Jamie Anderson wears a string of wooden beads around her neck. “My mantra beads,” she explained. They’re from a friend who made them “with, like, sacred energy put into them.”

Anderson wears a large quartz crystal, too. “A power stone,” she calls it. And also a triangular moonstone. After her stellar performance Sunday in the women’s slopestyle competition, she has a new piece of neckware: an Olympic gold medal.

“Oh, my gosh, it’s mind-blowing,” she said.

Since she was a teen, Anderson has been one of the most successful slopestyle competitors on any mountain. She filled her trophy case with eight Winter X Games medals and found the podium in so many other big events. At 23, she’s the most dominant female rider the young discipline has seen, and here at the Sochi Games, her gold-medal run provided undeniable confirmation.

“You can come in as the best athlete with all these accolades and awards and medals behind you in the past,” said Mike Jankowski, head coach of the U.S. freeskiing and snowboarding teams, “but what matters are those 45 seconds from when you drop into the course and when you make the finish. That’s the most important time to cement your place and your legacy, and that’s what she was able to do here today.”

Anderson’s medal marked the third for the Americans in the Sochi Games and the second gold. It was also the first ever awarded in women’s slopestyle, a high-flying snowboarding competition featuring rails and big jumps that made its debut here. At 15, Anderson was once the youngest Winter X Games medalist, but now that her sport has reached the Olympic stage, she said she could sense the pressure building. How exactly does one deal with such a unique stress? Candles, yoga, meditation maybe?

“All of the above,” she explained at a news conference. “I was just talking about that. Last night, I was so nervous. I couldn’t even eat. I was trying to calm down. Put on some meditation music, burn some sage. Got the candles going. Just trying to do a little bit of yoga. . . . It was all about good vibration. Thankfully, I slept really good. I did some mantras. It worked out for me.”

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Sitting next to her on the dais, bronze medalist Jenny Jones couldn’t hide her laughter. The British rider was asked what she did the night before the competition to calm nerves. “Actually, last night I watched ‘Downton Abbey,’ ” Jones said.

More MTV than BBC, Anderson, a native of Lake Tahoe, Calif., said she rode the “good vibes,” believed in “the power of now,” harnessed “all the Cali love” and relied on her “spirit grandma” — an 80-something-year-old neighbor who made the trip to Russia.

As if Anderson's blond hair, new-age underpinning and laid-back ’tude weren’t enough, even the way she moves on the hill leaves no doubts.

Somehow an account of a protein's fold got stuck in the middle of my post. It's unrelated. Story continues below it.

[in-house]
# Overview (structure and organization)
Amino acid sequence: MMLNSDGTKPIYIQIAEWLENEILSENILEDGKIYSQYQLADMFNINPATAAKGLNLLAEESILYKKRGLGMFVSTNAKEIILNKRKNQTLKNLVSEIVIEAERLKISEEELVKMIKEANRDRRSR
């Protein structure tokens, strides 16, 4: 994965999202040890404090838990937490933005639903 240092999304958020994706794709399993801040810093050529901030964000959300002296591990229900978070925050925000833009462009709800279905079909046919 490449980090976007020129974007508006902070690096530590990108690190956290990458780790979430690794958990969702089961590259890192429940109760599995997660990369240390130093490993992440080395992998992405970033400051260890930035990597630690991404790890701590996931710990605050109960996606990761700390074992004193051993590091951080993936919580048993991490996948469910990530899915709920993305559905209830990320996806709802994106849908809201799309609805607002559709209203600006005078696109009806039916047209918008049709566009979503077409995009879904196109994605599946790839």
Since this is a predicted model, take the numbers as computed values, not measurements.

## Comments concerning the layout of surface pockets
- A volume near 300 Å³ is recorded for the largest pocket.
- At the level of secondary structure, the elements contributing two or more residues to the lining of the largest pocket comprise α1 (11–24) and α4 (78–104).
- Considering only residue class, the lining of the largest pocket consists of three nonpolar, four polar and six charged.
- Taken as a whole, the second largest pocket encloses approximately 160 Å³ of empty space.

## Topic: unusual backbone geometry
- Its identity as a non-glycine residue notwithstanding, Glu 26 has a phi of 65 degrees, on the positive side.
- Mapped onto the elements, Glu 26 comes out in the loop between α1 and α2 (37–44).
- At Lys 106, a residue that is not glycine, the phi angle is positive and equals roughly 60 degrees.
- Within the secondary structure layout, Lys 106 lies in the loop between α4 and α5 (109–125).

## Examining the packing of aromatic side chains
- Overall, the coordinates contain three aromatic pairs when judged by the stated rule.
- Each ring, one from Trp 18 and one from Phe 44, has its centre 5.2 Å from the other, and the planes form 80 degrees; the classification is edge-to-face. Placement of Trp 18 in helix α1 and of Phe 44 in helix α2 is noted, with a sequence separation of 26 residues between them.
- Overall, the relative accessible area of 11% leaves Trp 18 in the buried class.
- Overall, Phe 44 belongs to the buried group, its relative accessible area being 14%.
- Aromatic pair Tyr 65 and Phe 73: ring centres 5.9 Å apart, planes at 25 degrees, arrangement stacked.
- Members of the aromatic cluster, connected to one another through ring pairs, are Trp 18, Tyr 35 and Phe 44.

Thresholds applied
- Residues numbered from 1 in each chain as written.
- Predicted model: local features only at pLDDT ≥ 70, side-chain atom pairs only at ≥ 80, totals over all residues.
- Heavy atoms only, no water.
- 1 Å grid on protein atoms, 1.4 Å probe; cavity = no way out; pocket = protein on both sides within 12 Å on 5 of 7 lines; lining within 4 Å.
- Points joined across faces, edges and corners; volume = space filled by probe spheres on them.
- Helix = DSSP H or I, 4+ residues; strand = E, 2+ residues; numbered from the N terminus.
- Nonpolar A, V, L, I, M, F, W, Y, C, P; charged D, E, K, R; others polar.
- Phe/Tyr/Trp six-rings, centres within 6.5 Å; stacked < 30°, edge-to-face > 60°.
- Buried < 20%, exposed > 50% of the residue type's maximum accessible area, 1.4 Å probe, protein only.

“She’s a California girl,” Jankowski said. “She’s got that kind of surf style. She stays nice and low throughout all of her tricks.”

In Sunday’s slopestyle finals, Anderson had a smooth first run — her score of 80.75 good enough for the second-best score midway through the competition — but was far from perfect. The bar was quickly raised in the second round when Jones wowed the crowd and earned a score of 87.25 from the judges. Then Finland’s Enni Rukajarvi eventually topped the entire field with a 92.5.

Anderson could only wait. When it was finally her turn — the 10th of 12 riders — she stood in fifth place and needed a big run. She inched her snowboard closer to the start, took a deep breath and let it all play out in her mind. “I saw myself landing and the happiness with my family and all the love and support coming around,” she said.

With more freestyle events, the Sochi Olympics will look more like the Winter X Games than ever before. (Associated Press)

Pressures lifted. Stressors vanished. Coaches had seen it happen before. There’s a transformation of sorts that takes place, and Bill Enos, the U.S. slopestyle coach, always spots in the seconds before Anderson starts a run. “You can just see everything release from her body,” he said, “and she just goes.”

Suddenly, Anderson and her board were cutting through the snow, gliding along the rails and floating off the jumps. She reached the bottom and listened for the score. The judges gave her a 95.25, vaulting her into first.

Soon she was bouncing on the medalists’ podium, pumping her hands in the air. Not long after, Enos zombie-walked toward reporters at the base of the hill. “Am I dreaming? Are you people real?” he asked, pinching one. “Yes, oh, everyone here is real.”

Anderson’s place in slopestyle history was secure before Sunday’s gold-medal performance. She dominated so consistently at Winter X Games and the Winter Dew Tour. But this was something else entirely. Her sport always had its star; it finally had a fitting stage.

“It just feels out of control,” she said. “I can’t even explain what I’m processing right now.”

Twenty-four hours earlier, Sage Kotsenburg was a virtual unknown. He won gold in the men’s slopestyle event, and suddenly his face was on the front page of newspapers, and TV networks were eager to book him. Anderson is much more established in her sport, and her future won’t likely be the same. Though those who know her can't imagine that she’ll change much.

“Jamie’s such an amazing person, I don’t know if she even had to win a gold medal to be as awesome as she is,” Enos said. “But she went out and did it anyhow.”

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